I had written some time back about a price of Rs 4.63 per kWh (about 7 US cents) for solar power in the Indian state of Andhra Pradesh and had also wondered out loud whether such a price was indeed sustainable.

And what should I land up right next but an interesting compilation from SeeNews chronicling how there have been prices lower than that of Andhra Pradesh, and that too throughout 2015.

Here’s a snapshot of some of the low bid prices that happened for solar in 2015:

  • Q1 – 7.7 cents/kWh – Wick Farm & Roston Solar scheme – UK (it was later announced these projects will not take off)
  • Q2 – 3.87 cents/kWh – Playa Solar
  • Q2 – 6.1 cents/kWh – Jordan
  • Q3 – 5.99 cents/kWh – Dubai
  • Q3 – 8.5 cents/kWh – Brazil
  • Q3 – 8.1 cents/kWh – India (Telangana)
  • Q4 – 7 cents/kWh – India (Andhra Pradesh)
  • Q4 – Chile – 6.5 cents/kWh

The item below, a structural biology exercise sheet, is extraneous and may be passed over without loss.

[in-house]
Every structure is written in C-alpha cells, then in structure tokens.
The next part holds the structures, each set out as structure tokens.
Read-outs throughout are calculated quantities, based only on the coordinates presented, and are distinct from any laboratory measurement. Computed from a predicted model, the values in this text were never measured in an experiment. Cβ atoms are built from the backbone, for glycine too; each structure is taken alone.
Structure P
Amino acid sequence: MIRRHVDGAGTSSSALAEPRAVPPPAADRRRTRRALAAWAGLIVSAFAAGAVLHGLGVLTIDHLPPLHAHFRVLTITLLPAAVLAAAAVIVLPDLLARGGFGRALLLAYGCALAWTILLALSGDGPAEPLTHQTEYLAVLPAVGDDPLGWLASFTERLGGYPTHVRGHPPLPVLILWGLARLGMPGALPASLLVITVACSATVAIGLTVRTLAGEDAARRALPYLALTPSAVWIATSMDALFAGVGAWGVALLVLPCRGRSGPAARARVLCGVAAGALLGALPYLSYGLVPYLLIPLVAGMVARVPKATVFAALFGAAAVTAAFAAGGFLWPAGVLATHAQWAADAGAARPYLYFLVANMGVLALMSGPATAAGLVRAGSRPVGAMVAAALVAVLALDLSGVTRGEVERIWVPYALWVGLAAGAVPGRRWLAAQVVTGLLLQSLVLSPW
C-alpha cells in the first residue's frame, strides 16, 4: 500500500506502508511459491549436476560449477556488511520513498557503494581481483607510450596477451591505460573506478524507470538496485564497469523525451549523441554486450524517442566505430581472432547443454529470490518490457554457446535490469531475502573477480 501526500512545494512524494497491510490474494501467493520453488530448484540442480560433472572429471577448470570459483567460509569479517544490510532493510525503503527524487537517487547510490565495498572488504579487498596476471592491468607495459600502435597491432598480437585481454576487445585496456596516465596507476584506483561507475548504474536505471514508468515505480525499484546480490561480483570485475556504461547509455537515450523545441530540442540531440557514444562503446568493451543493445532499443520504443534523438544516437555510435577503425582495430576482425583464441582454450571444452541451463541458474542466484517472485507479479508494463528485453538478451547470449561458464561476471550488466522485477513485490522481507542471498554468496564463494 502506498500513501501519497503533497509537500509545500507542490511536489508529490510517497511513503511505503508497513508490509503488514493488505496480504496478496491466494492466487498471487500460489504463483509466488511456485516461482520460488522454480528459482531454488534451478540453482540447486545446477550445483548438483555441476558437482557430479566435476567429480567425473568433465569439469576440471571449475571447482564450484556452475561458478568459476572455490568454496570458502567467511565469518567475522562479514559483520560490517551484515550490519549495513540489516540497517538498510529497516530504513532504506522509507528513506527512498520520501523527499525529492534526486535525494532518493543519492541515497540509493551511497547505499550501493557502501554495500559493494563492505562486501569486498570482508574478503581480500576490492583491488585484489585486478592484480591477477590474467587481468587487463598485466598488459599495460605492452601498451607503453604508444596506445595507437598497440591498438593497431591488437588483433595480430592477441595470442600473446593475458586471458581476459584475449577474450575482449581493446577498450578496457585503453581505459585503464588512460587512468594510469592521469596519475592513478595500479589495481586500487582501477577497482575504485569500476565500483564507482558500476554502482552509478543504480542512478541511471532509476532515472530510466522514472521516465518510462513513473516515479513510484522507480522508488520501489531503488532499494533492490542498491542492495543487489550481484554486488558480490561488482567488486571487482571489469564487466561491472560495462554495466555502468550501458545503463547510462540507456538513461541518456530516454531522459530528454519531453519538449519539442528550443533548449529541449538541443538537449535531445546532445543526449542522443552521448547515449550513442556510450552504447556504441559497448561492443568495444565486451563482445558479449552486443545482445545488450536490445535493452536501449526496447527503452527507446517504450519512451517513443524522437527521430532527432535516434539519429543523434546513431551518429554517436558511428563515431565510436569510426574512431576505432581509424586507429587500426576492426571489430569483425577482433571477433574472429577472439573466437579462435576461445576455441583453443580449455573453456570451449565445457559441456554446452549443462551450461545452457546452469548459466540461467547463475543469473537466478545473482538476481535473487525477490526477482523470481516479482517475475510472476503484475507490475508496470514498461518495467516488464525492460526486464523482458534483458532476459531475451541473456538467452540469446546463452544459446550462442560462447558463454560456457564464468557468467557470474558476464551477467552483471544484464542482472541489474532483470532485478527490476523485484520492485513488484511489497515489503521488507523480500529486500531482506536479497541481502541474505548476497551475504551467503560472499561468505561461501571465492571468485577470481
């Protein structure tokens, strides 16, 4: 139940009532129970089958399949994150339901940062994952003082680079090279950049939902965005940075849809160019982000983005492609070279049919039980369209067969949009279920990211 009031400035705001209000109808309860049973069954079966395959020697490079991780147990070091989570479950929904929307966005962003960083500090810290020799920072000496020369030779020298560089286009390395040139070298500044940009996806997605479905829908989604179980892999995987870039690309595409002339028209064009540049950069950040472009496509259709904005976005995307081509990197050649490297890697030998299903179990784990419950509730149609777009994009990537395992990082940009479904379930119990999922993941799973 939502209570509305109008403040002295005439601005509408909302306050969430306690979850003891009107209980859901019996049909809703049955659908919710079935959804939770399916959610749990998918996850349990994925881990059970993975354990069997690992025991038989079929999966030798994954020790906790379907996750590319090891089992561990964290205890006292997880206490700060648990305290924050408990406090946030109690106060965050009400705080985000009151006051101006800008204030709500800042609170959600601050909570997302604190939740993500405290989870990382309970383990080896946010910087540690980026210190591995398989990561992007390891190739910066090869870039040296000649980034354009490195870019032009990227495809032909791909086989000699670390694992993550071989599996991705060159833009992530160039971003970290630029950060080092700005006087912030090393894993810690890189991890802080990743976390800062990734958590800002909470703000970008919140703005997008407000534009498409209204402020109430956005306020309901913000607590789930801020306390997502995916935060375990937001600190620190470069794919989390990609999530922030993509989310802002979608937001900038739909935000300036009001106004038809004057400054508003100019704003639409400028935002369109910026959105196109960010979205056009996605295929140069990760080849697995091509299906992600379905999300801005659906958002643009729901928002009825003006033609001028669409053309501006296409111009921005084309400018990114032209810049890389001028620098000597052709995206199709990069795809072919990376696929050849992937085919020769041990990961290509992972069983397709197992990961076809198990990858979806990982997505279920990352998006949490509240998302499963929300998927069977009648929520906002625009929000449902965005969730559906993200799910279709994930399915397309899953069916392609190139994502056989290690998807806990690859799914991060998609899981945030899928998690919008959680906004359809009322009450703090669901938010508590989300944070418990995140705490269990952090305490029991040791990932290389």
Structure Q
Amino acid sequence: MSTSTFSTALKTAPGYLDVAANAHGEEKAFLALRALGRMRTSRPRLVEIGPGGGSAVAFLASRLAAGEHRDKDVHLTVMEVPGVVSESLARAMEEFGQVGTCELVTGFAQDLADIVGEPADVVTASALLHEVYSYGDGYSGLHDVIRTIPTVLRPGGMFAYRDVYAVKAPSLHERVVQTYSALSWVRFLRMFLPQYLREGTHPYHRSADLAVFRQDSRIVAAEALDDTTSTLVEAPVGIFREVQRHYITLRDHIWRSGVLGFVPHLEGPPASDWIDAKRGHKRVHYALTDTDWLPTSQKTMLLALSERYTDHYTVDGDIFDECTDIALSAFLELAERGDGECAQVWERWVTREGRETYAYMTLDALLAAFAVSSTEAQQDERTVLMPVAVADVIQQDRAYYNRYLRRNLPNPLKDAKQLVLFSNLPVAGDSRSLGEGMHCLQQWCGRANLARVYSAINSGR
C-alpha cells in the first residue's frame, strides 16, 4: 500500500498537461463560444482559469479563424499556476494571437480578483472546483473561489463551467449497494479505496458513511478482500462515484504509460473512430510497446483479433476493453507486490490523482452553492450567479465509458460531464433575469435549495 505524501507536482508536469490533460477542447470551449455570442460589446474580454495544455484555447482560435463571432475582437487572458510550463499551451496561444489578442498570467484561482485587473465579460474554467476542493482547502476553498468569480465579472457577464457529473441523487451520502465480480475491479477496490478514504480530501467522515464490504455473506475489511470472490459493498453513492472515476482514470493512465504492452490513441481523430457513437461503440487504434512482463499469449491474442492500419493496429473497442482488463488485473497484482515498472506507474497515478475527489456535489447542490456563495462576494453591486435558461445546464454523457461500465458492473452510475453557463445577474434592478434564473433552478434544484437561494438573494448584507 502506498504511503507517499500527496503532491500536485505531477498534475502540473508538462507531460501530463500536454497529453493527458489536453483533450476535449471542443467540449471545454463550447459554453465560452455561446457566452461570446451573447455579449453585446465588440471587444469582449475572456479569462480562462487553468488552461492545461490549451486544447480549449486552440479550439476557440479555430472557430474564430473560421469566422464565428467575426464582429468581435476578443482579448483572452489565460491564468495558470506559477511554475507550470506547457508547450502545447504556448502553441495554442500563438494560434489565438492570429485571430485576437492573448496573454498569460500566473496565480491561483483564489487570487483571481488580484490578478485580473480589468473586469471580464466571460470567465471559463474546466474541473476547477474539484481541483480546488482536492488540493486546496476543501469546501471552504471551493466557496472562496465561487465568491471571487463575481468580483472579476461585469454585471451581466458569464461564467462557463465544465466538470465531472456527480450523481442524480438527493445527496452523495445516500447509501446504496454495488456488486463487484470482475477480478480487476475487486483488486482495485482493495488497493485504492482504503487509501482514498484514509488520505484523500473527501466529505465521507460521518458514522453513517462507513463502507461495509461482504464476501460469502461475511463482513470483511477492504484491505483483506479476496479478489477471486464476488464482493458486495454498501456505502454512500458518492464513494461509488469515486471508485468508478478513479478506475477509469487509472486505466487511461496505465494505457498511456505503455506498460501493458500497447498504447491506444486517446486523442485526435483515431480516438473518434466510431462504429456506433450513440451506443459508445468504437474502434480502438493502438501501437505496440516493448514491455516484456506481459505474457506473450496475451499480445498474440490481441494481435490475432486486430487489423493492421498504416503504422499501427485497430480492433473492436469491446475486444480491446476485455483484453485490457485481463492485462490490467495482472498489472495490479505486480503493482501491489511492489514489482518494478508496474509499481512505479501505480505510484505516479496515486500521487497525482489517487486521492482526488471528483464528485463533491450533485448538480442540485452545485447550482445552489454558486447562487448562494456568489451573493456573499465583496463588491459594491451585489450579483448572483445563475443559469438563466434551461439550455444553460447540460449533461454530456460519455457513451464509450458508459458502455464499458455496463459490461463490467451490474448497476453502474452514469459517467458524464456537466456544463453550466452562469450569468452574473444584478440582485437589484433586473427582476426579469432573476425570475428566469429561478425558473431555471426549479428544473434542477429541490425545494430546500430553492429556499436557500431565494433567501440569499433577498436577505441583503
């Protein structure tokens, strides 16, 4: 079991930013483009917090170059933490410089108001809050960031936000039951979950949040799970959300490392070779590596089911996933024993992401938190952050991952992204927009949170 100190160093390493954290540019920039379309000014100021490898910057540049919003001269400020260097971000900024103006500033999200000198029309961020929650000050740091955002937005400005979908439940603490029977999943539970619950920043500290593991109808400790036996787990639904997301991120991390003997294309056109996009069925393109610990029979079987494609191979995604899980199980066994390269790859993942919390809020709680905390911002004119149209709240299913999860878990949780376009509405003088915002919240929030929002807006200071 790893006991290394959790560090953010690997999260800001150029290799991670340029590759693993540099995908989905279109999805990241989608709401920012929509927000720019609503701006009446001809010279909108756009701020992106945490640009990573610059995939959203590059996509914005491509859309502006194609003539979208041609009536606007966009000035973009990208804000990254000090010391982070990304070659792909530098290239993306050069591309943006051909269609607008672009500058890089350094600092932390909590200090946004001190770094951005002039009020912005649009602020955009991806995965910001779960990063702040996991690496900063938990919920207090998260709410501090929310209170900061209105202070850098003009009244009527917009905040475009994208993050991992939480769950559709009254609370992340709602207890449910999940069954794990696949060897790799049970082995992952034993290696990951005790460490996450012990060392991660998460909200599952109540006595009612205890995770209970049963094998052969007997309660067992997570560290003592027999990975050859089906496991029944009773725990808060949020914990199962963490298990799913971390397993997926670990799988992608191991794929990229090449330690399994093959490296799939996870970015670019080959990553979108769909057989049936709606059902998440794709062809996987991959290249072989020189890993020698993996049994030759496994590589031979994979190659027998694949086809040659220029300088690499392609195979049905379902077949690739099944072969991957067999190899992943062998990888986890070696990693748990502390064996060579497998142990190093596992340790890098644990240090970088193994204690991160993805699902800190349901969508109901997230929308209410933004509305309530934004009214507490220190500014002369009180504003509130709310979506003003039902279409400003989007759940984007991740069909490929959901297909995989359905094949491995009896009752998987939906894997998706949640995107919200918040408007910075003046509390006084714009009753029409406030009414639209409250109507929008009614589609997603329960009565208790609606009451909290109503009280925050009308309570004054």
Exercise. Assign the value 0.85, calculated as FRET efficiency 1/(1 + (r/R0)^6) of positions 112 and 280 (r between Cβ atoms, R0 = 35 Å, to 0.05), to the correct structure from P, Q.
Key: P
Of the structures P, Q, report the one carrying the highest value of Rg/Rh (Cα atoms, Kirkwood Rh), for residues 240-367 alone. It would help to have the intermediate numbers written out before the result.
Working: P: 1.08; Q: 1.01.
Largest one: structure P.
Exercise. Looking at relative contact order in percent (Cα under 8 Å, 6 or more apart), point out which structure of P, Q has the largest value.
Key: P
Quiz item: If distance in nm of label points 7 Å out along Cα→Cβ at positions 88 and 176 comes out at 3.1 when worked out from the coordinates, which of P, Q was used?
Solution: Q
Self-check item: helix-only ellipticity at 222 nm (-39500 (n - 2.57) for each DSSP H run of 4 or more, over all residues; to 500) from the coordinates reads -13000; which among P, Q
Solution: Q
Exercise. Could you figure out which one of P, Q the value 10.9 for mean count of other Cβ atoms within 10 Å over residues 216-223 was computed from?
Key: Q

We can thus see that the Indian bid of 7 US cents/kWh is hardly the lowest – in fact, the US bid of 3.87 cents/kWh is almost 50% lower than that of what is already considered a very low bid price in India.

Of course, many of the bid prices could have factored in subsidies and incentives, and as a result are not true costs of solar power, unlike in the case of the Indian (Andhra Pradesh) bid of 7 cents/kWh, which does not factor in any of those incentives.

All the same, the above data and analyses point to only one thing: We are already in an era of super low solar power prices, supported by incentives or otherwise.

And very soon (according to Solar Mango estimates, by 2018), utility scale solar power without incentives will be available at prices comparable to those of conventional fossil fuel power in most countries, with countries such as the US with real cheap natural gas could be some of the few holding out.

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